And the palace in which he was to live, set farther back, was similar in design. Solomon also made a palace like this hall for Pharaoh’s daughter, whom he had married.
All these structures, from the outside to the great courtyard and from foundation to eaves, were made of blocks of high-grade stone cut to size and smoothed on their inner and outer faces.
The foundations were laid with large stones of good quality, some measuring ten cubits and some eight.
Above were high-grade stones, cut to size, and cedar beams.
The great courtyard was surrounded by a wall of three courses of dressed stone and one course of trimmed cedar beams, as was the inner courtyard of the temple of the LORD with its portico.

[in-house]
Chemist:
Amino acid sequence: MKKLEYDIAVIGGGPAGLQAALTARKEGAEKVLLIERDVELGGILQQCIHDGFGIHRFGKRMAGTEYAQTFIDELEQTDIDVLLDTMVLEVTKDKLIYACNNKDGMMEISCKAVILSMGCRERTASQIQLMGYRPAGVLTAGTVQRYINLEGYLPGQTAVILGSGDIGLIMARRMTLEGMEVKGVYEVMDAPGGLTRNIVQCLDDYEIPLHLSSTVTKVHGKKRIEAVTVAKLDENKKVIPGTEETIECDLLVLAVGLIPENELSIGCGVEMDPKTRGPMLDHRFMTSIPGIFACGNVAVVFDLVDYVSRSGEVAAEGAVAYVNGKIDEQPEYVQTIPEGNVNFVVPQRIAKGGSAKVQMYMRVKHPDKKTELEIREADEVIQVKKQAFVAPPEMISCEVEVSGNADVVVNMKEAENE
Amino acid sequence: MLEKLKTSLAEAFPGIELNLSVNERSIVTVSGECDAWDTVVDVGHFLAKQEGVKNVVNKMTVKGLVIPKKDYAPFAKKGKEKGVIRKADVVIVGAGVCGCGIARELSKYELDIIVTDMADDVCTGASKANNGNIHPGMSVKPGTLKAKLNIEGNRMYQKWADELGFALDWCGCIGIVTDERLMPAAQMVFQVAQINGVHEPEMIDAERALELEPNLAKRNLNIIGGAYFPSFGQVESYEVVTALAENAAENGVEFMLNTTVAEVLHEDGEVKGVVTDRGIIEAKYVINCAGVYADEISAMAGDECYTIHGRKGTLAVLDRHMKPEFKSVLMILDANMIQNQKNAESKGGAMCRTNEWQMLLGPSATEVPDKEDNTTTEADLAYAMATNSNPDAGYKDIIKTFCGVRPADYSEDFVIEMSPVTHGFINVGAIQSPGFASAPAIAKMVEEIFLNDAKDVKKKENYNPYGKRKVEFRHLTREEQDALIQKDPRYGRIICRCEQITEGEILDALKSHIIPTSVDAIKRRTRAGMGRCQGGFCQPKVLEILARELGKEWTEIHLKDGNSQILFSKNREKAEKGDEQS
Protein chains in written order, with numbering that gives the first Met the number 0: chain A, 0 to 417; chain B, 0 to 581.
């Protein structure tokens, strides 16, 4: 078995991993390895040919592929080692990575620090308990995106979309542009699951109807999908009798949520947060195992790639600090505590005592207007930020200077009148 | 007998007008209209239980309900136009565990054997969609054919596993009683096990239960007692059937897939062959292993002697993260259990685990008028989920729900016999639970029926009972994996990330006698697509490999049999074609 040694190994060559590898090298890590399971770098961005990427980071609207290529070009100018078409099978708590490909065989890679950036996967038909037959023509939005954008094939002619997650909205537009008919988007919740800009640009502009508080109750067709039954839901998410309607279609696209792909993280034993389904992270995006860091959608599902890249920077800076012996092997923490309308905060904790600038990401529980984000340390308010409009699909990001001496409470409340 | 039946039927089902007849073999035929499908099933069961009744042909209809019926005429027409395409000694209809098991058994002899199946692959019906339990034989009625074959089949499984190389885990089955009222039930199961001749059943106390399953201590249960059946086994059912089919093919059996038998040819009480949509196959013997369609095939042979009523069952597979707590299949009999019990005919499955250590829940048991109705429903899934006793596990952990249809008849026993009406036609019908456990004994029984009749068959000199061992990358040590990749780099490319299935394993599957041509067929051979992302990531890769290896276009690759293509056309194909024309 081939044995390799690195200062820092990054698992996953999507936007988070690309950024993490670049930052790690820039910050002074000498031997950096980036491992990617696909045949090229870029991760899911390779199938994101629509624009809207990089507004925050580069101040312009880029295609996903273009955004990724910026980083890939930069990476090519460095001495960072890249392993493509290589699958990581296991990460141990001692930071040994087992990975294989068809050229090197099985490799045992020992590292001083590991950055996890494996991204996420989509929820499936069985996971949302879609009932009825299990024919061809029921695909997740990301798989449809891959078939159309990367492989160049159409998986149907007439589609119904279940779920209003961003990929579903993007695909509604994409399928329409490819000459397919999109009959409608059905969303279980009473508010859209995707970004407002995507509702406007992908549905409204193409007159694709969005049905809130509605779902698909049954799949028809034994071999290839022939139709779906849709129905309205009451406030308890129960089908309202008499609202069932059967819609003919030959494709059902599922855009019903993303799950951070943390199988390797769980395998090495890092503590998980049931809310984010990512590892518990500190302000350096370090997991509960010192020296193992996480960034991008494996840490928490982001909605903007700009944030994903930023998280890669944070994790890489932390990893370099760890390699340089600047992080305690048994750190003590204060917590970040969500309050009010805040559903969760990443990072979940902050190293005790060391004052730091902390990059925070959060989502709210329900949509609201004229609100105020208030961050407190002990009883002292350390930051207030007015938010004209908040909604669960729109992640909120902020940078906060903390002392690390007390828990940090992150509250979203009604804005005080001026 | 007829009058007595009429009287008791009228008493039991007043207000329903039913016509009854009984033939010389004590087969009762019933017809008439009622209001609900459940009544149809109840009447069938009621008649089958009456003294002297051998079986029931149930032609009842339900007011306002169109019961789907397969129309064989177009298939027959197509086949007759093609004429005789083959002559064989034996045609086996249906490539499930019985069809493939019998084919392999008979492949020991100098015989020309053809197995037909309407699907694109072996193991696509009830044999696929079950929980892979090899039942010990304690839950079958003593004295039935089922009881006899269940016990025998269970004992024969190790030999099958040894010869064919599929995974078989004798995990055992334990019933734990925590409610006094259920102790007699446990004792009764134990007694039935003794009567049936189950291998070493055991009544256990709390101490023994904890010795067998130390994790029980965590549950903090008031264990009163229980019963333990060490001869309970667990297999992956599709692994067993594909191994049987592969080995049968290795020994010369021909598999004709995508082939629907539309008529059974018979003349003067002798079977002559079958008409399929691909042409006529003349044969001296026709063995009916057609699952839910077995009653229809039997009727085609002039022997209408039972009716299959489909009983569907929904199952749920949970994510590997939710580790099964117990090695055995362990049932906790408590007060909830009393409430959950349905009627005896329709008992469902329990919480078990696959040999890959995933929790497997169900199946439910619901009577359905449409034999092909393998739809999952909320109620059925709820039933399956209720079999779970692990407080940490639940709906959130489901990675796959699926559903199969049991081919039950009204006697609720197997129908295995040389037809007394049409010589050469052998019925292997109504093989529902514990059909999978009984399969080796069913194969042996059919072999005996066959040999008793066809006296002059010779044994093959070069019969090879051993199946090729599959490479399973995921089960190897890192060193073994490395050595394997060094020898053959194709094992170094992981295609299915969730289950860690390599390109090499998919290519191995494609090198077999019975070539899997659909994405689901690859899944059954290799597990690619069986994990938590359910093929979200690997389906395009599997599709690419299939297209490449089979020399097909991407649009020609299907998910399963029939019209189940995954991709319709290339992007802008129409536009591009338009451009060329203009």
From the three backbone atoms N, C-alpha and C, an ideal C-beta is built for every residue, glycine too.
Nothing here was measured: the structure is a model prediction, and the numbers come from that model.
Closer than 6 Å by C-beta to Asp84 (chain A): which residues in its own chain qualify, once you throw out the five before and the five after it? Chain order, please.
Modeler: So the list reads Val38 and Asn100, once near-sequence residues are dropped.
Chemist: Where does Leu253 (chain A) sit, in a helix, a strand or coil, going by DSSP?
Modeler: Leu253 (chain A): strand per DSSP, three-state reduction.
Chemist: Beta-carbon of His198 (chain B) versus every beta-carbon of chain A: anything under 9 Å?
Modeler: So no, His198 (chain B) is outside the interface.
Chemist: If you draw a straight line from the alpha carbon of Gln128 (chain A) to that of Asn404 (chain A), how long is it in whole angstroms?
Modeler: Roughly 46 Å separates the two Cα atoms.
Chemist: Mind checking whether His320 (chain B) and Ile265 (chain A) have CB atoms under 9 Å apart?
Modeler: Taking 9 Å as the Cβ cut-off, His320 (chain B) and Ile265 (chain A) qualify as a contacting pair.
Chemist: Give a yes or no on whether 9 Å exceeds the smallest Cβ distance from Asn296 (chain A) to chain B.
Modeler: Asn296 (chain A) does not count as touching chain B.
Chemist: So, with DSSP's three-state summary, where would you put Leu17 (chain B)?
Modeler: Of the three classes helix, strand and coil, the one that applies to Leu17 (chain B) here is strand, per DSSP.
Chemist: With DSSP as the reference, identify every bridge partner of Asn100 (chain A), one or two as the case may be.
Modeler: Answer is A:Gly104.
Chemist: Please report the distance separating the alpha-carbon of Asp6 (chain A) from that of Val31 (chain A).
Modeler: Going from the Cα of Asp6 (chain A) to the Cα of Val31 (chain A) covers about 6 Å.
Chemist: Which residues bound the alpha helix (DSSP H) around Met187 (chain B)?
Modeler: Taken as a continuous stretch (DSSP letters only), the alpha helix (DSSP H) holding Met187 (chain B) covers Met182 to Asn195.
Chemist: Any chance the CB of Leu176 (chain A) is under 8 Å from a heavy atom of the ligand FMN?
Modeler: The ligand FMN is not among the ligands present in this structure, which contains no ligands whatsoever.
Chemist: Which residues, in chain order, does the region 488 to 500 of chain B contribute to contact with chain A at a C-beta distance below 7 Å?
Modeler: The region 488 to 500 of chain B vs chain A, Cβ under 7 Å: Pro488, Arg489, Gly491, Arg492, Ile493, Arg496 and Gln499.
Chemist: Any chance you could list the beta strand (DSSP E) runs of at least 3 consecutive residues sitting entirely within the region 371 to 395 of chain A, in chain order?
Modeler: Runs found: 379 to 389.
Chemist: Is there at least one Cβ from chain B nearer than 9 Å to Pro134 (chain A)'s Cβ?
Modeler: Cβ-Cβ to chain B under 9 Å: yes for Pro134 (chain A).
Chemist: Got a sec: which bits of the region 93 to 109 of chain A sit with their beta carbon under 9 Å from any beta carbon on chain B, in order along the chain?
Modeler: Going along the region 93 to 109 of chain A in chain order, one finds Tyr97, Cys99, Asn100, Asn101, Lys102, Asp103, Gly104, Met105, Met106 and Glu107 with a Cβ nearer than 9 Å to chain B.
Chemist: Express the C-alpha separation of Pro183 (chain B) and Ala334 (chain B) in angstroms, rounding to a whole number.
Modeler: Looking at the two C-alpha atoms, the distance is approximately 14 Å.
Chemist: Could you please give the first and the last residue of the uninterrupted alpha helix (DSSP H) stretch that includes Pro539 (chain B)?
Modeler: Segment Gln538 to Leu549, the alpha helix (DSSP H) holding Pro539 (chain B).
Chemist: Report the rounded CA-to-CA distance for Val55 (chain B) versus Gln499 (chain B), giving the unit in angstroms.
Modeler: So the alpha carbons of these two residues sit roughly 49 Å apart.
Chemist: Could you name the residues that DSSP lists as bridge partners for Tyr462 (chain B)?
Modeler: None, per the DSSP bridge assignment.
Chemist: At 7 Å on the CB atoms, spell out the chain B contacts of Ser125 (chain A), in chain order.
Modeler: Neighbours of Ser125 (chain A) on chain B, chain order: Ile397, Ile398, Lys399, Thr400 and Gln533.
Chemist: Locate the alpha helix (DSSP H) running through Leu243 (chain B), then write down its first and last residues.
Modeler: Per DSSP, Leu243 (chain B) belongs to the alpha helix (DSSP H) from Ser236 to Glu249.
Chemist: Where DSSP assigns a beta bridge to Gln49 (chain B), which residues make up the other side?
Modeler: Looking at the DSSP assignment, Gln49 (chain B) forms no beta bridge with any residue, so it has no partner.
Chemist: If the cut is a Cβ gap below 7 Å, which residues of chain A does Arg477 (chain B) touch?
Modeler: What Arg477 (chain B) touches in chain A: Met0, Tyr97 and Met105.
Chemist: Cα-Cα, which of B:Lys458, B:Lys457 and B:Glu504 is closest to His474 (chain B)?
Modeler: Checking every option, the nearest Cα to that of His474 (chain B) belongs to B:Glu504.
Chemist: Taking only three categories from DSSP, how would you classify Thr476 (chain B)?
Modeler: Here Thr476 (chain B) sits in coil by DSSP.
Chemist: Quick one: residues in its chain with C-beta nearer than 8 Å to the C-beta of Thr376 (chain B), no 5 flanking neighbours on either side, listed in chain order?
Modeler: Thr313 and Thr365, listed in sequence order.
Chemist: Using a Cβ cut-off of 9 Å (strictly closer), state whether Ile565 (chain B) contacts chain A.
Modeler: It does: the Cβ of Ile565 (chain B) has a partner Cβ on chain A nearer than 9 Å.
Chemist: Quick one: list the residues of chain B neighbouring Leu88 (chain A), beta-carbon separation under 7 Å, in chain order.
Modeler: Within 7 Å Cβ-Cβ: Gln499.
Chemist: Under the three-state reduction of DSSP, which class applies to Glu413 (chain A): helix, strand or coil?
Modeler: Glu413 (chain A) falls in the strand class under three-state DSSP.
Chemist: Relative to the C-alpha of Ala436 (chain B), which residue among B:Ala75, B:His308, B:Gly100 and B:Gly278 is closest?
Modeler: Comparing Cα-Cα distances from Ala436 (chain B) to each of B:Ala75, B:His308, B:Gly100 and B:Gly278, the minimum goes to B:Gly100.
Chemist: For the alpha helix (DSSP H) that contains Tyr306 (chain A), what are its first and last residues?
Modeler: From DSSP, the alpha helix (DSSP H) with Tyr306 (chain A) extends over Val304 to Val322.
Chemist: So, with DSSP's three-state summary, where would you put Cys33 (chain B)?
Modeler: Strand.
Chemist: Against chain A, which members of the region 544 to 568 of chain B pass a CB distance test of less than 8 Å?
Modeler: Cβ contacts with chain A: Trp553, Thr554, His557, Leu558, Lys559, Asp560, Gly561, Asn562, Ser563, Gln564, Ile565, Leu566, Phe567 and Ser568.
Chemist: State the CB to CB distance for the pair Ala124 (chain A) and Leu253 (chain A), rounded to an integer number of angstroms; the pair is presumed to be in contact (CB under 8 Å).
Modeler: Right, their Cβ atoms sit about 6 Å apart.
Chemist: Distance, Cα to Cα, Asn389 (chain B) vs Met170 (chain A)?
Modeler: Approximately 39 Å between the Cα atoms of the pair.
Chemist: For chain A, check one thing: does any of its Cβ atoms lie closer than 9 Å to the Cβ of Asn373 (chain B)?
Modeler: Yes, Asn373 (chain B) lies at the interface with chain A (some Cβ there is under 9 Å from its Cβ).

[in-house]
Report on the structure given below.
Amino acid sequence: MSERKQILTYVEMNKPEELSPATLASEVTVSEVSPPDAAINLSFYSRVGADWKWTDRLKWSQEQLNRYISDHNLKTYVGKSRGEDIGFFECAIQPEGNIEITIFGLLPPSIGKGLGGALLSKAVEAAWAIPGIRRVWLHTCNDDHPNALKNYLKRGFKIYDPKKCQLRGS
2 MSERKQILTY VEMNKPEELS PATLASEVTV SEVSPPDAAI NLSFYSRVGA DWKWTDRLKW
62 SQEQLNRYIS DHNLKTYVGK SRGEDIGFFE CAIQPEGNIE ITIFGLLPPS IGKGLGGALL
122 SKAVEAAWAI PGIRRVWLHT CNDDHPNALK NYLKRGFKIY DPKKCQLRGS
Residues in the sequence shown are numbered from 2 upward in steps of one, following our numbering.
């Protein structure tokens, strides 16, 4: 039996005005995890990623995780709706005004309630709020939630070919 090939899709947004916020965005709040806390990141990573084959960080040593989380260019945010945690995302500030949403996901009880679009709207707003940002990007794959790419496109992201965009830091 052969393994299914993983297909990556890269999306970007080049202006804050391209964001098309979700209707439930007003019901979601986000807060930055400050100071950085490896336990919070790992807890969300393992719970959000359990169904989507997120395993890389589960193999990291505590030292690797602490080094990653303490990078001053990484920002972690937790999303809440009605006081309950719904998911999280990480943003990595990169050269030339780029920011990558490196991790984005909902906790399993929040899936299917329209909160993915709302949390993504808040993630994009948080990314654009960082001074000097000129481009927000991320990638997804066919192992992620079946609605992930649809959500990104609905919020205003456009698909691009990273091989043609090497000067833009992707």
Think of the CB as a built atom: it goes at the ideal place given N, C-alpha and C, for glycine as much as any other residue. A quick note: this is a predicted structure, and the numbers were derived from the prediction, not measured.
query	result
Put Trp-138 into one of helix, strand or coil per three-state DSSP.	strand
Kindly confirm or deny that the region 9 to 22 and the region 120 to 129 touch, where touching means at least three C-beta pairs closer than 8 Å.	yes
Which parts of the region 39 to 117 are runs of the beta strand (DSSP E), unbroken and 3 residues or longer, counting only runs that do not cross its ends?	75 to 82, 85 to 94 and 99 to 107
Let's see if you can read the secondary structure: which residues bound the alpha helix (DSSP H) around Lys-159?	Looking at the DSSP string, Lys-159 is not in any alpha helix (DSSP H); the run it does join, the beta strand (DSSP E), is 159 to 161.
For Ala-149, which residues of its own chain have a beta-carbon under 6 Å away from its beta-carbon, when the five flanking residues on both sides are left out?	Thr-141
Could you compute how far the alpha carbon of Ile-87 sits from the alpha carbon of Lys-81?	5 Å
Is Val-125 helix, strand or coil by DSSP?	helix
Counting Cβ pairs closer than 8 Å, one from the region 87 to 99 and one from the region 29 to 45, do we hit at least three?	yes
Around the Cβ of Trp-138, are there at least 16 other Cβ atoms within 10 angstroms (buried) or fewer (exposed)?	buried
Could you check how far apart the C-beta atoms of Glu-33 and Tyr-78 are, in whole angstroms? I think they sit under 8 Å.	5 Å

King Solomon sent to Tyre and brought Huram,
whose mother was a widow from the tribe of Naphtali and whose father was from Tyre and a skilled craftsman in bronze. Huram was filled with wisdom, with understanding and with knowledge to do all kinds of bronze work. He came to King Solomon and did all the work assigned to him.
He cast two bronze pillars, each eighteen cubits high and twelve cubits in circumference.
He also made two capitals of cast bronze to set on the tops of the pillars; each capital was five cubits high.
A network of interwoven chains adorned the capitals on top of the pillars, seven for each capital.
He made pomegranates in two rows encircling each network to decorate the capitals on top of the pillars. He did the same for each capital.